Out now on SPV/Steamhammer

Kamelot have always been one of the better symphonic prog bands with classics album like ‘Karma’ and ‘The Black Halo’ always seen as benchmarks for the genre, yet to these ears the band were on the wane for the last few years.  2012 saw some big changes in the band with lead vocalist Khan leaving.  Now when one of the world’s most praised metal vocalist leave’s your band it can sometimes lead to problems, not so for Kamelot as they have enlisted the glorious pipes of one Tommy Karevik who previously (and we are led to believe will continue to do so) came through the ranks with Swedish prog metal and V1 faves Seventh Wonder.

‘Silverthorn’ as such as peaked my interest in the band and I’m pleased to report this is the most I’ve enjoyed a Kamelot album in sometime.

The whole band sounds reinvigorated by Karevik’s arrival with guitarist Thomas Youngblood in particularly fine form.  Those that know Karevik from his work in Seventh Wonder might be a little surprised by his lower timbre performances on many of the tracks yet he also delivers the more associated higher pitch stuff as flawlessly as ever on ‘Song For Jolee’. Just view it as another string added to his bow.

Elsehwere there is plenty to enjoy in the likes of single ‘Sacrimony (Angel Of Afterlife)’, the dark pulsating groove of ‘Veritas’ and the atmospheric title-track.  Given many of the tracks are more streamlined than those heard on previous album makes ‘Silverthorn’ a more immediate release and one that is likely to appease fans both new and old.

Production is pretty much flawless, dark and powerful and another fine sonic statement from producer Sascha Paeth (Avantasia, Edguy, Rhapsody).

Overall ‘Silverthorn’ marks a very strong return to action by a band that has cleared the lead vocalist change hurdle with ease.  Good stuff.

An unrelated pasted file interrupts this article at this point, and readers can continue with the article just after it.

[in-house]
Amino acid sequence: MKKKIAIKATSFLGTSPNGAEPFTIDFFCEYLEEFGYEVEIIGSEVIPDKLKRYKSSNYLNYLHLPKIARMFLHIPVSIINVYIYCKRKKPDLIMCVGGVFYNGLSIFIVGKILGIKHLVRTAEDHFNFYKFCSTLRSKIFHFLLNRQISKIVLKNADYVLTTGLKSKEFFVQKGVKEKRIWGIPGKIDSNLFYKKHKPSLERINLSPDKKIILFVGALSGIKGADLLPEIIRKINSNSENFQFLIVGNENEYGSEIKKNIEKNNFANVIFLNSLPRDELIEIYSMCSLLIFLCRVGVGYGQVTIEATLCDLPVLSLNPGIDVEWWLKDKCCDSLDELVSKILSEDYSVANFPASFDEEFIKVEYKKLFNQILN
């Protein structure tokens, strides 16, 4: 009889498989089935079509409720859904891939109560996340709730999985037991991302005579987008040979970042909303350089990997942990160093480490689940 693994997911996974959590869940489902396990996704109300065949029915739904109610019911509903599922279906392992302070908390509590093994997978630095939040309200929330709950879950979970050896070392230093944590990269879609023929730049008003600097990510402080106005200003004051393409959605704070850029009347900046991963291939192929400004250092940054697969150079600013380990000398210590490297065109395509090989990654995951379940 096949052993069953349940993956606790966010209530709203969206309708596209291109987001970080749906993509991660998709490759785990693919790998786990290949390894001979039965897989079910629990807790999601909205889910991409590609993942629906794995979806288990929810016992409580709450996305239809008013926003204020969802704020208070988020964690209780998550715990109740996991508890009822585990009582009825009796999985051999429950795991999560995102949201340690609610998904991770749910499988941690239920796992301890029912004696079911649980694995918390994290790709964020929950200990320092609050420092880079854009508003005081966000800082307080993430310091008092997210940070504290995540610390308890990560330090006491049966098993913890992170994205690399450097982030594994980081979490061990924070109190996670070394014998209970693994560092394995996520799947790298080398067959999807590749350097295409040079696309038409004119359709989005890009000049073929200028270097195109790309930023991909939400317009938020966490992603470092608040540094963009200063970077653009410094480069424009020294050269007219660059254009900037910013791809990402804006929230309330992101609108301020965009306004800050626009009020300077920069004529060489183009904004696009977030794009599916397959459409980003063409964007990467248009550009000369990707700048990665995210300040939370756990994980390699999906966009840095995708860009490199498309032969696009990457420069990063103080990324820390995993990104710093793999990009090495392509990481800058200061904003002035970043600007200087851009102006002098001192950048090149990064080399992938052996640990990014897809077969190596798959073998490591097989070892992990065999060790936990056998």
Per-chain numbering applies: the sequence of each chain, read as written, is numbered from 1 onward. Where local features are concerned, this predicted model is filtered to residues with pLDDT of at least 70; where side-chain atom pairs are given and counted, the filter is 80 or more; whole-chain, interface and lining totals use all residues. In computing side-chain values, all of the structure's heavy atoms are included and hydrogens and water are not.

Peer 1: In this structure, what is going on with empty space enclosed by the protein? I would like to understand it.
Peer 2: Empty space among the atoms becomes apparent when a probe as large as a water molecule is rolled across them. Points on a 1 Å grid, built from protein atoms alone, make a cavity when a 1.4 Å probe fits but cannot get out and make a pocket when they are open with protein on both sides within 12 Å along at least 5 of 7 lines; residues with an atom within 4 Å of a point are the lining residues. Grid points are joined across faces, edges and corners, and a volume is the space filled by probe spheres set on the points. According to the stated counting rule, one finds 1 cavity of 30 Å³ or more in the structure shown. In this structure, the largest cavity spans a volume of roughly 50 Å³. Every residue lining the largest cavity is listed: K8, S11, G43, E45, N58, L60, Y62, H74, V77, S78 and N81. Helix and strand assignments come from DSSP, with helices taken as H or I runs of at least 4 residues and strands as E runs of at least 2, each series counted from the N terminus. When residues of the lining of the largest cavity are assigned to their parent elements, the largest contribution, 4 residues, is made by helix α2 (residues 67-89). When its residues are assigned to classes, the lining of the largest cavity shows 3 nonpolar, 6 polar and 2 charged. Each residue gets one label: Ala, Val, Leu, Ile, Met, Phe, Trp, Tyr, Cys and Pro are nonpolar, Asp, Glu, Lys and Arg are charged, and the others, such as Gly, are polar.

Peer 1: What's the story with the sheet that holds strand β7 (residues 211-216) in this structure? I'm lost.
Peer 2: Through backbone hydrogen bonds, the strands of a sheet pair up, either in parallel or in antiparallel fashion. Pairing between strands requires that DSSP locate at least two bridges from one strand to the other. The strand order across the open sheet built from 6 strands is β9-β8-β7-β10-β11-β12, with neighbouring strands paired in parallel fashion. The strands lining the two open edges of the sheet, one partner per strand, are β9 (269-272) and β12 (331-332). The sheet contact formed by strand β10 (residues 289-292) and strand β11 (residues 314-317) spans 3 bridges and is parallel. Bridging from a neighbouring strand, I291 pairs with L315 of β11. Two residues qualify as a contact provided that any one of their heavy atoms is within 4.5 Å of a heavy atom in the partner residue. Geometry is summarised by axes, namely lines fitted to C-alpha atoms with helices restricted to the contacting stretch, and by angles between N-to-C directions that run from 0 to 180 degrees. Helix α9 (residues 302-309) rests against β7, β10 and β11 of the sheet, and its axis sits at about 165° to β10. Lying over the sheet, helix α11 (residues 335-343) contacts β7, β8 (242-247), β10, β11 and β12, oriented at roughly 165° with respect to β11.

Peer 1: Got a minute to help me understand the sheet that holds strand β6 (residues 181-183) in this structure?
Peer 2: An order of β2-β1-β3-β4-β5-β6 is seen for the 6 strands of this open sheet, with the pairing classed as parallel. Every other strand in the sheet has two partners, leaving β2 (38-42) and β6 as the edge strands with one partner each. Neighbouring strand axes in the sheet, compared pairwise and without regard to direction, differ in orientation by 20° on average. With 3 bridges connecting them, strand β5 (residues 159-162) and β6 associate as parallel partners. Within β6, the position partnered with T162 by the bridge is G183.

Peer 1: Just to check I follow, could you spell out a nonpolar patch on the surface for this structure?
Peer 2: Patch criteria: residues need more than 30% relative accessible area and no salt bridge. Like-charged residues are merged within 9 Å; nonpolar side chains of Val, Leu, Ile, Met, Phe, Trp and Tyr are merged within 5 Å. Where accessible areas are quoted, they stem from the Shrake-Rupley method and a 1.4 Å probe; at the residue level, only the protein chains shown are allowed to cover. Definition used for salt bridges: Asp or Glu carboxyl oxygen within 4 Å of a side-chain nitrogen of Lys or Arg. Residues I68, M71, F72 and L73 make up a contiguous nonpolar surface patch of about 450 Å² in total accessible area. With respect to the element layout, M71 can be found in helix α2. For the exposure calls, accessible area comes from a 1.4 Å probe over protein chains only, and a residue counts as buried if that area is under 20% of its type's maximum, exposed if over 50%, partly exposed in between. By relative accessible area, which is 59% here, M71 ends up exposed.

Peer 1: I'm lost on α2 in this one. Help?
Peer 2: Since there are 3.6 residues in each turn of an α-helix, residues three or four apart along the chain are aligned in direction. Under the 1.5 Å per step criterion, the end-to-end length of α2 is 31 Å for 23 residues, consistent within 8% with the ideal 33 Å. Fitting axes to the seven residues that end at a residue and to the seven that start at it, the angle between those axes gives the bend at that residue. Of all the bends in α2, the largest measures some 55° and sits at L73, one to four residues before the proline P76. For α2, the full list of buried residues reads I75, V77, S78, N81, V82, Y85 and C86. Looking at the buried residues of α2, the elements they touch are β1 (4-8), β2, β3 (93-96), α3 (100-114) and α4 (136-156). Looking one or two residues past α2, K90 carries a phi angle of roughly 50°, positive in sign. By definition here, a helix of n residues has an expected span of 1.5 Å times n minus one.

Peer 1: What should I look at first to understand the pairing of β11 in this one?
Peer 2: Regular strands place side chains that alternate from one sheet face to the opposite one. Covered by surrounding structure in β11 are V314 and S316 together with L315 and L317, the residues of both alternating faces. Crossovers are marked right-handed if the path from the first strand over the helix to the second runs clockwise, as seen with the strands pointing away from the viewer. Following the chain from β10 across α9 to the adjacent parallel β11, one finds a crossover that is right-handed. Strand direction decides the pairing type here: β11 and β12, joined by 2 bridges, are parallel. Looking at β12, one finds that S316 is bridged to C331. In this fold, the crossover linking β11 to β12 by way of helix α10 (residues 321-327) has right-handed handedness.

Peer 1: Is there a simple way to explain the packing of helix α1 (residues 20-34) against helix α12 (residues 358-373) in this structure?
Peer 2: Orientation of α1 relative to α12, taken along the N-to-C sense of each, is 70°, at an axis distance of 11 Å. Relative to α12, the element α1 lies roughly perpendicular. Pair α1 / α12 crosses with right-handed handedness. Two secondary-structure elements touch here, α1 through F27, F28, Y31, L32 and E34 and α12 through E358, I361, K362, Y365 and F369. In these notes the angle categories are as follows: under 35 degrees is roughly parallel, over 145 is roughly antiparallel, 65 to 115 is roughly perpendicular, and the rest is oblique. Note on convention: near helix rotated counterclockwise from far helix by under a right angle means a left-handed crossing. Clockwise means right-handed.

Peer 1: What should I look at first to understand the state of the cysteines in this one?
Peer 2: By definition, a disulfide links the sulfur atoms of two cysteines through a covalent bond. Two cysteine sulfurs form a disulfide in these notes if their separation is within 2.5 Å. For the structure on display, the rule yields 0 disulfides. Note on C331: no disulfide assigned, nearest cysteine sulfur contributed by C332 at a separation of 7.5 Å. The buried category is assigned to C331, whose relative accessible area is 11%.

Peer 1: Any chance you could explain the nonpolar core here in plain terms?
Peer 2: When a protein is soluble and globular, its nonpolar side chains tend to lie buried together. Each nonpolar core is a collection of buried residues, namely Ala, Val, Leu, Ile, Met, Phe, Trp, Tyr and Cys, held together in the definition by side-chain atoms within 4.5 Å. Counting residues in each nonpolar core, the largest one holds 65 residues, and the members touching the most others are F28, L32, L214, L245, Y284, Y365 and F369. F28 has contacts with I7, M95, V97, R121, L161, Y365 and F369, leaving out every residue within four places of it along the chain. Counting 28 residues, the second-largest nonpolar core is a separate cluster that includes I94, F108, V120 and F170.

Rating – 88%



Out Now – Frontiers Records
Michael Kiske is a great singer, no arguing that point. His performance on Helloween’s seminal “Keeper Of The Seven Keys” albums had him marked for greatness. It wasn’t to be, however. Kiske has gone on record time and again how he doesn’t want to make metal music and basically disappeared from the scene. He’s done some solo stuff and several guest performances on distinctly metallic projects. Not to mention his work with Place Vendome, a project he preferred not to refer to as metal. So how come this new album falls decidedly in the metal corner of the market? Money talks and bullshit walks I guess…

Opening track “Nothing Left To Say” wouldn’t be out of place on a Primal Fear album. Second track “Silence” is aimed squarely at the Evanescence/Within Temptation crowd, with those annoying contemporary keyboards and choppy guitar riffs that have been done to death in this genre. “If I Had A Wish” is a faux-Helloween track. Only lacking the power that made that band so enjoyable. And so it goes on. Primal Fear, Helloween, Epica and After Forever all alternate with varying degrees of success. You can’t help but feel this album has been put together after a marketing study to determine what the present day metal fan expects. “Rain” is a particularly insipid song.

Both singers are a cut above average, even if Kiske has lost some of his mojo over the years. Unfortunately I find their voices don’t mesh together particularly well. Production and execution are both solid if not particularly inspired.

A formulaic and bland album. Faceless and lacking excitement.

Rating – 60%
Review by Sancho